Dinosaur fossils found in Patagonia provide the first evidence that long-necked, whip-tailed diplodocid sauropods survived well beyond the Jurassic period, when they were thought to have gone extinct, according to Argentine paleontologists.
Scientists announced the discovery of the fossilized remains of a plant-munching dinosaur from the sauropod group, the largest known land creatures in Earth's history. The fossils indicate the largest dinosaur ever found.
The diplodocid fossils also are the first of their kind found in South America. The creature lived about 140 million years ago, millions of years after scientists previously thought diplodocids had disappeared, according to Argentine paleontologist Pablo Gallina, one of the researchers.
"It was a surprise because the first remains we found were very deteriorated and we didn't think much of them, but later through careful laboratory work, cleaning rock from the bones, we could see that they were from a diplodocid, something unthinkable for South America,” he said.
Gallina's team says the fossils show that diplodocids roamed South America during the early Cretaceous period, well after scientists thought these kinds of dinosaurs became extinct. They also suggest that the diplodocid clade, or family group, evolved from other dinosaurs before the Earth's continents split apart, which is earlier than previously thought.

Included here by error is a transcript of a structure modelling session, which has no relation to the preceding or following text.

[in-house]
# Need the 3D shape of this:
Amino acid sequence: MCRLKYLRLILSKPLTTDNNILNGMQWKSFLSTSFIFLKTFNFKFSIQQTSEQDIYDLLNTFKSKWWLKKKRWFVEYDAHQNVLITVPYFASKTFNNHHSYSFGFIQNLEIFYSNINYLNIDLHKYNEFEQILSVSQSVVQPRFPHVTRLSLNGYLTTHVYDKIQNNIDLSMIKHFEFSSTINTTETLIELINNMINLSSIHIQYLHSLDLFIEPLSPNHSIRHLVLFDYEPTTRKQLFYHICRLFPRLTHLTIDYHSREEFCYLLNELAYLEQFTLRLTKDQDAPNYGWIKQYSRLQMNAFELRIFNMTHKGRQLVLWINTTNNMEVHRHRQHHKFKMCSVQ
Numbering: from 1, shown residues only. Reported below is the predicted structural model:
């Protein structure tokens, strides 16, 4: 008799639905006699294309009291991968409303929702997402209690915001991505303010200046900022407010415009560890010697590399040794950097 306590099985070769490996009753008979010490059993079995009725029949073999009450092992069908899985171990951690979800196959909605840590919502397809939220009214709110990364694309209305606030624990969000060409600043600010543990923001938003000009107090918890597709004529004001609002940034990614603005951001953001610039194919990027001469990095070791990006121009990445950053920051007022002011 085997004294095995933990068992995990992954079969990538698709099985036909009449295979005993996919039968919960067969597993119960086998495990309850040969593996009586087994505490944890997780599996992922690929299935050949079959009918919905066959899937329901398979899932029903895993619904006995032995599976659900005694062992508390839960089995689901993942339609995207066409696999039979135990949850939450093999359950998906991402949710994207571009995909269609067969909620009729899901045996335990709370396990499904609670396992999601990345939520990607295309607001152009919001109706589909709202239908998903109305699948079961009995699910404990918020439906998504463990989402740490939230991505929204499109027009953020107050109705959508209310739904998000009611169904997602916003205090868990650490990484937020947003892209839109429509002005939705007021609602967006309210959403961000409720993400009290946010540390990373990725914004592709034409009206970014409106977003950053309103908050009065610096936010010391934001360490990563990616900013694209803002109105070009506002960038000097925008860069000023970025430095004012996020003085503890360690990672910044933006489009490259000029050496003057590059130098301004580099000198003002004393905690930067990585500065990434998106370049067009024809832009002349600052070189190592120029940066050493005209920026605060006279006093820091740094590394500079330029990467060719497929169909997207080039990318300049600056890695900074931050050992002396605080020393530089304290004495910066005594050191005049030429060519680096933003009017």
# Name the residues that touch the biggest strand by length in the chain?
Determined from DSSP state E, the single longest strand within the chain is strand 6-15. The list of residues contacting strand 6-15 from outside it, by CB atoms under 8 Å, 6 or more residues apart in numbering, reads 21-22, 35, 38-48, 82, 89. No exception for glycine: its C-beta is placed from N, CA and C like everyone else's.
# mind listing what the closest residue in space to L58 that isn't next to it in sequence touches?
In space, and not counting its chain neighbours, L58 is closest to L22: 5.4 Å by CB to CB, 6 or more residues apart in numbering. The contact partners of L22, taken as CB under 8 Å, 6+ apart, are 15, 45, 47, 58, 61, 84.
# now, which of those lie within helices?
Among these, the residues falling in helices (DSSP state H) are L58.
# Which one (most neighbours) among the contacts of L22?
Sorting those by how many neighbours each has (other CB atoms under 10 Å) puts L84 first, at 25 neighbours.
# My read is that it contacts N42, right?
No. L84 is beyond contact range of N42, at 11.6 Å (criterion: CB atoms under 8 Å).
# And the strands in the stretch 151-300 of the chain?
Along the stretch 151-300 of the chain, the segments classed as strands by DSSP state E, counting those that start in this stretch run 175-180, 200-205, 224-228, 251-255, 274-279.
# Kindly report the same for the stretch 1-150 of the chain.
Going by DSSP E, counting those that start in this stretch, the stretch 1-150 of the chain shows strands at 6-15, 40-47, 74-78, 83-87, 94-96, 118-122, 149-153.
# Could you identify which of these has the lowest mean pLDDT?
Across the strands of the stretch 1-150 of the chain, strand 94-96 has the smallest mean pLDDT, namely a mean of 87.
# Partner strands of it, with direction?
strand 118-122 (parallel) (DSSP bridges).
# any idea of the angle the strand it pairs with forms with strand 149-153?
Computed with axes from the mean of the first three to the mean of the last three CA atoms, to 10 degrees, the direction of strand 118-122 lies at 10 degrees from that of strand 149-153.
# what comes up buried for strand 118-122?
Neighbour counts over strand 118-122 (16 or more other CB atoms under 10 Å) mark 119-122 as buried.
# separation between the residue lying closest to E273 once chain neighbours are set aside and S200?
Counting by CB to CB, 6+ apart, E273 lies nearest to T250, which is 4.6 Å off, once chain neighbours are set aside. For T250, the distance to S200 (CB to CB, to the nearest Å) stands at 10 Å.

Explaining the find a day after the conclusions were published in the PLOS One scientific journal, the scientists said the eight vertebrae they recovered belong to a new species they named Leinkupal laticauda. That's a combination of Mapuche words meaning "vanishing" and "family" and Latin for "wide" and "tail."
The dinosaur weighed about 80 tons, the equivalent of 14 adult bull African elephants, according to The Guardian newspaper.
"It's like two trucks with a trailer each, one in front of the other, and the weight of 14 elephants together," José Luis Carballido, the Argentinian paleontologist who led the dig, told the newspaper. "This is a real paleontological treasure. There are plenty of remains, and many were nearly intact, which is unusual."
The remains were found in rocky outcrops of the Bajada Colorada, a Cretaceous formation south of the town of Picun Leufu in Neuquen province.
Paleobiologist Paul Upchurch, a sauropod expert at University College London who was not involved in the study, said it suggests that not all diplodocids succumbed to a mass extinction about 140 million years ago at the end of the Jurassic period.
"Here's evidence that one or two groups got through, rather than a total extinction, that it was devastating, but it didn't completely kill them off," Upchurch said.
As for the conclusion that the South American find shows diplodocids evolved from a common ancestor earlier than previously thought, Upchurch said, "There's certainly a possibility that this would push the origin back a bit," given that Africa and South America separated during the Jurassic period.
Another expert, paleontologist John Whitlock of Mount Aloysius College in Pennsylvania, also lauded the finding.
"A discovery like this is more than just another data point. It's a chance to re-evaluate our understanding of how the group spread across the globe through time," he said.
"We can use that information to do things like examine how dinosaurs might have chased their preferred environment around the globe as the climate changed, and that's the sort of research with direct implications for those of us around today."
Al Jazeera and wire services